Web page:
Day by Day

Sunday, November 12, 2006

I have to pass this along

Because you need news like this to remind you that life isn't all bad.

On the day they buried Beecher Pierce, Nichelle Cushing stood at parade rest in a cold, pounding rain, some hundred yards from the coffin. High-top, lace-up boots slightly apart. A black beret cocked with formal precision on her hair. A small American flag pinned near the neck of her long black dress. One hand behind her back, the other gripping a 105-year-old bugle.

As Pierce's Masonic brothers concluded the rites, a gun squad of airmen in dress blue uniforms raised their rifles. Three volleys echoed across Fort Richardson National Cemetery.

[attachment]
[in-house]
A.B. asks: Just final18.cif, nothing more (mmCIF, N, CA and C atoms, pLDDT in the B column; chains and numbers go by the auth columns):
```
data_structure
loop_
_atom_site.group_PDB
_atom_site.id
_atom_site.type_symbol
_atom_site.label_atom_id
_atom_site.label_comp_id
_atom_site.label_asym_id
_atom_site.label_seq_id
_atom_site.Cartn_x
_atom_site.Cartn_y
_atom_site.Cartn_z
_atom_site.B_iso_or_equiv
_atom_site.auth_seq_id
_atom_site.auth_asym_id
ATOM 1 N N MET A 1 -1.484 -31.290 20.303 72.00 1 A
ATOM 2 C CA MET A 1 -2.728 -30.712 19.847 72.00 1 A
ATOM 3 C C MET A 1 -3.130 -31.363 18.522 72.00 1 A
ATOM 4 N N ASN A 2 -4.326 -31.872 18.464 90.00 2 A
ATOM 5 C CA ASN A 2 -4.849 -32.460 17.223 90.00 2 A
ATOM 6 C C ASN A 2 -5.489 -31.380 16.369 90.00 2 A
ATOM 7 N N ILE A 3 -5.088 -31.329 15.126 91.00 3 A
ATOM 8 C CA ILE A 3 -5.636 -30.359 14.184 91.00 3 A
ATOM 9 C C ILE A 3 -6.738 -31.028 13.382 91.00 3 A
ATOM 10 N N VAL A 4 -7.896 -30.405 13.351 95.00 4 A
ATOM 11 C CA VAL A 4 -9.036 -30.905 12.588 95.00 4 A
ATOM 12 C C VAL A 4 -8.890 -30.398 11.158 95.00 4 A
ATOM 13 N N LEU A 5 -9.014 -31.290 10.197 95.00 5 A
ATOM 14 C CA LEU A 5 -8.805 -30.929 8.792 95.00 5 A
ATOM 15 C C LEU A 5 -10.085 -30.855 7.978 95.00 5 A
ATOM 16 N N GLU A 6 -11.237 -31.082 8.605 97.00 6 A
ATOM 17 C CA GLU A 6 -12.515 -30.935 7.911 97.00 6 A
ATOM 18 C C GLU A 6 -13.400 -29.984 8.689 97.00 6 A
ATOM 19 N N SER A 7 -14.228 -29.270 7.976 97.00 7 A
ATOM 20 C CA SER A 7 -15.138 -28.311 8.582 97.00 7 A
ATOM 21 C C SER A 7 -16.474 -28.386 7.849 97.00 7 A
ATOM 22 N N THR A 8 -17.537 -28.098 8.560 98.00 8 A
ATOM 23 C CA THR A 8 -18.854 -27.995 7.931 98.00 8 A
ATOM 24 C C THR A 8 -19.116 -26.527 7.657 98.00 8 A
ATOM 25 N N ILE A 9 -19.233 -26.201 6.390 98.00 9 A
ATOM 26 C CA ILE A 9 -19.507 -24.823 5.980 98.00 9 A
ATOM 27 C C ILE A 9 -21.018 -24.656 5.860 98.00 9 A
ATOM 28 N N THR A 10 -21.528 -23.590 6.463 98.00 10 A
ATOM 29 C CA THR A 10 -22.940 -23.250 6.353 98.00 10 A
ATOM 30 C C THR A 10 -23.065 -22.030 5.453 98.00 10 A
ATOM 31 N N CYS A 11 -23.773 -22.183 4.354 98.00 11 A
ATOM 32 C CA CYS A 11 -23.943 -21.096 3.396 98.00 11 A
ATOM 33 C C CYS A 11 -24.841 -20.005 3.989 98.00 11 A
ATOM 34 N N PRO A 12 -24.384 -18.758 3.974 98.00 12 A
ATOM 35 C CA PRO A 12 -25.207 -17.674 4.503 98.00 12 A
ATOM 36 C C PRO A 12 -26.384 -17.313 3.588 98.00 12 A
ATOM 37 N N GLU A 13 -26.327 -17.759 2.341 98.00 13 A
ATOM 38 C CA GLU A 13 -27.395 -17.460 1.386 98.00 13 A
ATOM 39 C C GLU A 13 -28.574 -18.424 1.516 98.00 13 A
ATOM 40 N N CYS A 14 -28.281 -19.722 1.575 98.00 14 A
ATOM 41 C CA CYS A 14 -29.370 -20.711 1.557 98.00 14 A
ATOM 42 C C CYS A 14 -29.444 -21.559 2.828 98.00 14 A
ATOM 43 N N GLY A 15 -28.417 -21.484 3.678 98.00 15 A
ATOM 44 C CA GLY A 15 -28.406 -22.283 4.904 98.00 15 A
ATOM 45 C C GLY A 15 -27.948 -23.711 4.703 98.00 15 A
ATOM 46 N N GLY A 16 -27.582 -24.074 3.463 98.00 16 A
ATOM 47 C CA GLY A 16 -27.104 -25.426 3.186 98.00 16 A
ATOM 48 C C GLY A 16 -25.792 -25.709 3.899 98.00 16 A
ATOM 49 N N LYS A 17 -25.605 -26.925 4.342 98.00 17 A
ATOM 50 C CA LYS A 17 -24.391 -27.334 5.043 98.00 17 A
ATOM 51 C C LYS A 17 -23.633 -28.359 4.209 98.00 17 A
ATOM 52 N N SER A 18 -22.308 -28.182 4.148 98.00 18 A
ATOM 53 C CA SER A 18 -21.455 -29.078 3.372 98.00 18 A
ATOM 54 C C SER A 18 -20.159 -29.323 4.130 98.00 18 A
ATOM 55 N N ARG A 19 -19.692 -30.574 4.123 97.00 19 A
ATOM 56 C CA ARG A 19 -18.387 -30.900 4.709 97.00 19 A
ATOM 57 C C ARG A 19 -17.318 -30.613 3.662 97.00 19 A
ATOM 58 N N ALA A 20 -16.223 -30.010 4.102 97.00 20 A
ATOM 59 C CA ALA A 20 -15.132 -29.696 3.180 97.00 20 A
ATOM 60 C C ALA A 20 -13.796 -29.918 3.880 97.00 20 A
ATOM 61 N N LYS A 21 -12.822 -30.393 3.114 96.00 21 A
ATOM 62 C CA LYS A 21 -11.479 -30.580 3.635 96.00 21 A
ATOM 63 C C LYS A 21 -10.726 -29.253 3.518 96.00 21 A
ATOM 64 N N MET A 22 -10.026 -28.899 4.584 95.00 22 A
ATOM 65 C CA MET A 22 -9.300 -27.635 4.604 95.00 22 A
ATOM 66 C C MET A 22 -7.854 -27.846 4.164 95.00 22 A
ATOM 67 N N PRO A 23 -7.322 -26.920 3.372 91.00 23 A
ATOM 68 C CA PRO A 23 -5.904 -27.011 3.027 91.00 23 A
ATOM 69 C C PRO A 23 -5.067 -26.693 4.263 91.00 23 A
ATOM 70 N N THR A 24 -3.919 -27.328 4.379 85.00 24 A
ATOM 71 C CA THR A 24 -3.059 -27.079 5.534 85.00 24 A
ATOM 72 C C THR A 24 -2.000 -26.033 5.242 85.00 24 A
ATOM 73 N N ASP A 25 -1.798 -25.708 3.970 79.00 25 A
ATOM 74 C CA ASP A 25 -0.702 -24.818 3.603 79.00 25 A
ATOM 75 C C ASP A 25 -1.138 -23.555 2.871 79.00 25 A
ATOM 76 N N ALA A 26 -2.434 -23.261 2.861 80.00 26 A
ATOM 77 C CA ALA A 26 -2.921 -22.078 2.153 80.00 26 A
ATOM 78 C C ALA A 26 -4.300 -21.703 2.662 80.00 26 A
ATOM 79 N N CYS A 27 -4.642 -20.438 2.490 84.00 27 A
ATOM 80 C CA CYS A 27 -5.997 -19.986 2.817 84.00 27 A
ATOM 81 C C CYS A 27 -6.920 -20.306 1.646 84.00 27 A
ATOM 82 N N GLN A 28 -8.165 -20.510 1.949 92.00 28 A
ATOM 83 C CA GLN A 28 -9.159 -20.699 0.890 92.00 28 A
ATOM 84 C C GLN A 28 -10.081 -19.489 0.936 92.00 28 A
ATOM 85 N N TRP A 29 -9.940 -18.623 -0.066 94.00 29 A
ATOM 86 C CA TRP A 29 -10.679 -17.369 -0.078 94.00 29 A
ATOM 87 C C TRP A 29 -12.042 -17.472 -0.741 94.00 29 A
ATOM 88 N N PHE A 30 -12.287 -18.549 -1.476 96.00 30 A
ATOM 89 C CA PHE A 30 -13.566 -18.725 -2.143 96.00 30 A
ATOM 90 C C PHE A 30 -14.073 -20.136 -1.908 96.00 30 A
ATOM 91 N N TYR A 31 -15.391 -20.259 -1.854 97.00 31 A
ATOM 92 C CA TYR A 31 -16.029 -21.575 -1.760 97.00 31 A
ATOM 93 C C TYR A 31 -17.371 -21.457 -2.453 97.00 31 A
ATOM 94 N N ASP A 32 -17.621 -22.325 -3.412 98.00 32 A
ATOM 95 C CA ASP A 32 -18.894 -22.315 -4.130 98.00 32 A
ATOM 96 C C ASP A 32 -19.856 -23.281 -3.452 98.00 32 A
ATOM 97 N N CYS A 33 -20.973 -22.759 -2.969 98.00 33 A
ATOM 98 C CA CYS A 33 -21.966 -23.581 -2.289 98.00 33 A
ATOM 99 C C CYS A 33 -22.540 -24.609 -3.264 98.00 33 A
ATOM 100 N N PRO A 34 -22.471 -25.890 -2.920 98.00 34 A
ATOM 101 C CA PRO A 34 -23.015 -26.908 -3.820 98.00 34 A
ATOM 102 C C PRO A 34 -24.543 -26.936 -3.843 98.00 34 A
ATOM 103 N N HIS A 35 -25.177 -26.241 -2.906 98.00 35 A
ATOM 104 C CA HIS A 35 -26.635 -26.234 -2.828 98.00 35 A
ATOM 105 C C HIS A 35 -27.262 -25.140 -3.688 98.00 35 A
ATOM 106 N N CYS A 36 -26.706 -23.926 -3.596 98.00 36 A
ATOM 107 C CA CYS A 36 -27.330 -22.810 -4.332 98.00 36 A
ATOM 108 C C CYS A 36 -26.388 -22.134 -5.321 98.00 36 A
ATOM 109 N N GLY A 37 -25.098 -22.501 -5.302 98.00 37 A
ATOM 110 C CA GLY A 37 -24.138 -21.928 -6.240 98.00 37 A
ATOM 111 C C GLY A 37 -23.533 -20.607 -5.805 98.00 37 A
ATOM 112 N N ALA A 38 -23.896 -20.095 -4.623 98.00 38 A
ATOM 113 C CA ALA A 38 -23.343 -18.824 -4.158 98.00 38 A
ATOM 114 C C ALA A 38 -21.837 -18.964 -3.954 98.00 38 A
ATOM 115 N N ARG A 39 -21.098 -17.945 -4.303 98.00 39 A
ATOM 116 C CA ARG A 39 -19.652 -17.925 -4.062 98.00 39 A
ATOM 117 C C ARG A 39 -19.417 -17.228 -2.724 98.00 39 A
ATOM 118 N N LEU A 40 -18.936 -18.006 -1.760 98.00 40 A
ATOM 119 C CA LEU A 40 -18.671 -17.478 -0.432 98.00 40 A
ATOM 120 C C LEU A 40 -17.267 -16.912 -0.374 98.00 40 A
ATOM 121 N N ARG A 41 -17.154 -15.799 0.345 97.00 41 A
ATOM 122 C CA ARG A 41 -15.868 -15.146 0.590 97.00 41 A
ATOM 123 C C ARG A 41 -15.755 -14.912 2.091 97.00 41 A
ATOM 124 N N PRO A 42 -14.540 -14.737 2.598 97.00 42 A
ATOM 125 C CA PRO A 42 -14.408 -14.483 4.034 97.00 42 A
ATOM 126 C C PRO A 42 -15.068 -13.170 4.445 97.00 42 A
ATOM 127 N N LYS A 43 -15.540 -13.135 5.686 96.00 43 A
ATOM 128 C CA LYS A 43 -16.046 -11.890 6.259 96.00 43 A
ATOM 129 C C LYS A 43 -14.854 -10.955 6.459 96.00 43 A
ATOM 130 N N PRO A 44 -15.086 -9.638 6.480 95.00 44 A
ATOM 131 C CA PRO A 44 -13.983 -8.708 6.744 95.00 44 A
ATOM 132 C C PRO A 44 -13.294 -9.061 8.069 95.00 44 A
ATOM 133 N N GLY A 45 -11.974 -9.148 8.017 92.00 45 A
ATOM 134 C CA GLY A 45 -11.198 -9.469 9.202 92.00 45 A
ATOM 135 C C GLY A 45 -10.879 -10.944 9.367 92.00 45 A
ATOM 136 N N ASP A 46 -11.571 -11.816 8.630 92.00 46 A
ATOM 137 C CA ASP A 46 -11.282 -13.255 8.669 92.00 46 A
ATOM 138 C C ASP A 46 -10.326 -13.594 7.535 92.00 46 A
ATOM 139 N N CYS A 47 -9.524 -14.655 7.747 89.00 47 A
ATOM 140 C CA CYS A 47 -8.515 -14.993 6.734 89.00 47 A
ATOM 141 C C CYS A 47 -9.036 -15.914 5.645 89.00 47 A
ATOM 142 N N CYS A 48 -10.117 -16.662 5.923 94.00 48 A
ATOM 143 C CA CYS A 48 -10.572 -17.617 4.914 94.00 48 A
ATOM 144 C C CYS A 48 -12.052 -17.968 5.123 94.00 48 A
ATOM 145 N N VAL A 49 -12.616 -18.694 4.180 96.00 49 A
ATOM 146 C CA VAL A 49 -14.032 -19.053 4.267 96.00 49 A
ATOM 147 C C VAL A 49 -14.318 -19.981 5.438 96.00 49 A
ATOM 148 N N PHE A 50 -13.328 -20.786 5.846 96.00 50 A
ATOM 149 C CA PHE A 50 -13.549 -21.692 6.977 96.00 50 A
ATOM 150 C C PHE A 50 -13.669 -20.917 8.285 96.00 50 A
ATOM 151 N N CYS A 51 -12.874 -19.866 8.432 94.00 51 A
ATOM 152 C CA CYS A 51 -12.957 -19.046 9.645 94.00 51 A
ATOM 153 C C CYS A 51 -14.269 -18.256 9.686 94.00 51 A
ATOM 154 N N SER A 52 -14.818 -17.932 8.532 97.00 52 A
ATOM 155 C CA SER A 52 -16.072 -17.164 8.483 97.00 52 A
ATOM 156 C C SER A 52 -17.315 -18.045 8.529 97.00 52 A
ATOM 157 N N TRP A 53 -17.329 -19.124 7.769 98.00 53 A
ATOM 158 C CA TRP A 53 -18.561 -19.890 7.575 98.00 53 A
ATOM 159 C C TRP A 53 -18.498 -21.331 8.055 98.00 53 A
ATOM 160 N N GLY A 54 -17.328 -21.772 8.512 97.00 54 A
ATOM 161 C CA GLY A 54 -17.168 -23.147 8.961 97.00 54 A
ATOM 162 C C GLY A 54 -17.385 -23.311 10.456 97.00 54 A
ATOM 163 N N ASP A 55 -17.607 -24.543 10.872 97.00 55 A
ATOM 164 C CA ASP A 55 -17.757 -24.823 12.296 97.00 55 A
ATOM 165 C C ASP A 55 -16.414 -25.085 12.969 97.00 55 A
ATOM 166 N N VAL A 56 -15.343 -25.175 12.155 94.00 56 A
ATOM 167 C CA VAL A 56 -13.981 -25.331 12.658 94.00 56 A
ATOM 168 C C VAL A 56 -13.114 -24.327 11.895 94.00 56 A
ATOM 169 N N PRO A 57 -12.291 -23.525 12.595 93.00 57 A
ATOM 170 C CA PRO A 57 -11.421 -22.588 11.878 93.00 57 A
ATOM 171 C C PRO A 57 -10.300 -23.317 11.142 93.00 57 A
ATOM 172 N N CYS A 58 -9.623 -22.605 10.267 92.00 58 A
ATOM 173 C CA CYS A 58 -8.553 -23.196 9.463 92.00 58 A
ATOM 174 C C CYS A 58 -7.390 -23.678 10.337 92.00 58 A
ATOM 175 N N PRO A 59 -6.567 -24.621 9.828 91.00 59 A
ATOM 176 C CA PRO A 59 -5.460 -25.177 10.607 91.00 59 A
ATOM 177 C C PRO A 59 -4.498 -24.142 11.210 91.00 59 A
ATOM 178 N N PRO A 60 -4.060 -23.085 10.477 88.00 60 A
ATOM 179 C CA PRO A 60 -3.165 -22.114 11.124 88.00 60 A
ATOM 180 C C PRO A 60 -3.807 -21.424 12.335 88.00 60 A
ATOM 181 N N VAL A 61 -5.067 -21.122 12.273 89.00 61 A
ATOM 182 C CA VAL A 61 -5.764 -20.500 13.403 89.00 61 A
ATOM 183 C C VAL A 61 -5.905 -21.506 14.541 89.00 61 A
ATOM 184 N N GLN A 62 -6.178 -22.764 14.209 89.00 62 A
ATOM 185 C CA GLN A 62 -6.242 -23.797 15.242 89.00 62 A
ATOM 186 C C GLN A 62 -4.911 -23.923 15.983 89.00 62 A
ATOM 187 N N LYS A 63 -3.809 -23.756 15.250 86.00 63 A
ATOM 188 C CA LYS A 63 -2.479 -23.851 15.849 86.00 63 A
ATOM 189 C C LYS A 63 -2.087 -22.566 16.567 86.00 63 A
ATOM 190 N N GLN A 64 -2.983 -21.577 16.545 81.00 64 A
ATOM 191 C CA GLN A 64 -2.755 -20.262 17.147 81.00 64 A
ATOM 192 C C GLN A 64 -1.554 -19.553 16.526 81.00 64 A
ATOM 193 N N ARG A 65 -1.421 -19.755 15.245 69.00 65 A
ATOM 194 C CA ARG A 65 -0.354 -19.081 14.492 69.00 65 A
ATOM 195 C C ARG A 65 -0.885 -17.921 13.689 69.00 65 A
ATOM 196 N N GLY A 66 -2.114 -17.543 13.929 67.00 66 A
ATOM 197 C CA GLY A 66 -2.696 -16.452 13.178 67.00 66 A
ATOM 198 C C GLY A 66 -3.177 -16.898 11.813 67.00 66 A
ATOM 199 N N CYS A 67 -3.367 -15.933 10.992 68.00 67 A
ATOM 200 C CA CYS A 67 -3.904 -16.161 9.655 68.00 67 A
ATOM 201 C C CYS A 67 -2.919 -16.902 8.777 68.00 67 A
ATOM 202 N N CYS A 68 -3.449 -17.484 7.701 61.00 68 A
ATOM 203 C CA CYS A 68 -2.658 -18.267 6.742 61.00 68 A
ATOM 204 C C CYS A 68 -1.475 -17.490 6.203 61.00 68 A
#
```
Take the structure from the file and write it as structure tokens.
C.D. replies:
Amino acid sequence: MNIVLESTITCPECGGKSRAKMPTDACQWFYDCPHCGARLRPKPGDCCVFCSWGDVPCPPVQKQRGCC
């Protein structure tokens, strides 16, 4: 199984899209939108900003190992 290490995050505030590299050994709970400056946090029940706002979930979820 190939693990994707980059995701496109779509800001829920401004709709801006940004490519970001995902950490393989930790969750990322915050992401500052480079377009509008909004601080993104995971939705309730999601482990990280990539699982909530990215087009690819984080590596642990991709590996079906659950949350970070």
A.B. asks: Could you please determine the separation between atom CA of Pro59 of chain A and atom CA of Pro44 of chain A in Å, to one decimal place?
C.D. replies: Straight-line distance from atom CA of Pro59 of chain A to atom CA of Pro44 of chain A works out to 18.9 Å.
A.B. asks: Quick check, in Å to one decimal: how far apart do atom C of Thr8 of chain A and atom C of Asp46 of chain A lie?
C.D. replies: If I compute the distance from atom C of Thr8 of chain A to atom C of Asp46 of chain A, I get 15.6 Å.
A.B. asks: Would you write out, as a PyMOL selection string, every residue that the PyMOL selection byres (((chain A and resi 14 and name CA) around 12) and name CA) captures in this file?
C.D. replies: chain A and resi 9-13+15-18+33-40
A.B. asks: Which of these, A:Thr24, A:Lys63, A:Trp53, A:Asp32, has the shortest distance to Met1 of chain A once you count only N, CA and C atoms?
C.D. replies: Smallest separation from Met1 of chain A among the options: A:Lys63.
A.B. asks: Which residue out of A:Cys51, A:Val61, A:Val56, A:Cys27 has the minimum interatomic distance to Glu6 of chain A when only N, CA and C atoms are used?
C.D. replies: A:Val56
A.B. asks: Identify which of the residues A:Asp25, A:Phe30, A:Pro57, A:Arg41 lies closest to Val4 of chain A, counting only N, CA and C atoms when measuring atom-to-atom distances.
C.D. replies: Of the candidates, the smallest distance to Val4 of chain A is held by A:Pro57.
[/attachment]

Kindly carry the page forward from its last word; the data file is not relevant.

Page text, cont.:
Nichelle brought her boots together, shut her eyes, drew her full 5 feet and 1 inch to attention, raised the bugle to her lips and sounded the nation's final tribute to a fallen hero -- taps.

The 15-year-old Palmer High School sophomore never met Pierce, an 80-year-old widower when he died Aug. 13 in Anchorage. She only knew he was a military veteran and thus deserved to have the traditional "lights out" signal played at his funeral and to have it played by a living, breathing human being.

"I feel our servicemen should be buried with an actual bugler," she said, "not a recording."


A fifteen year old girl who taught herself to play the bugle so that she could properly honor fallen veterans.

If there's a hope for this country's future, it's in the hearts and minds of young people like her.

Found at Ace's place.

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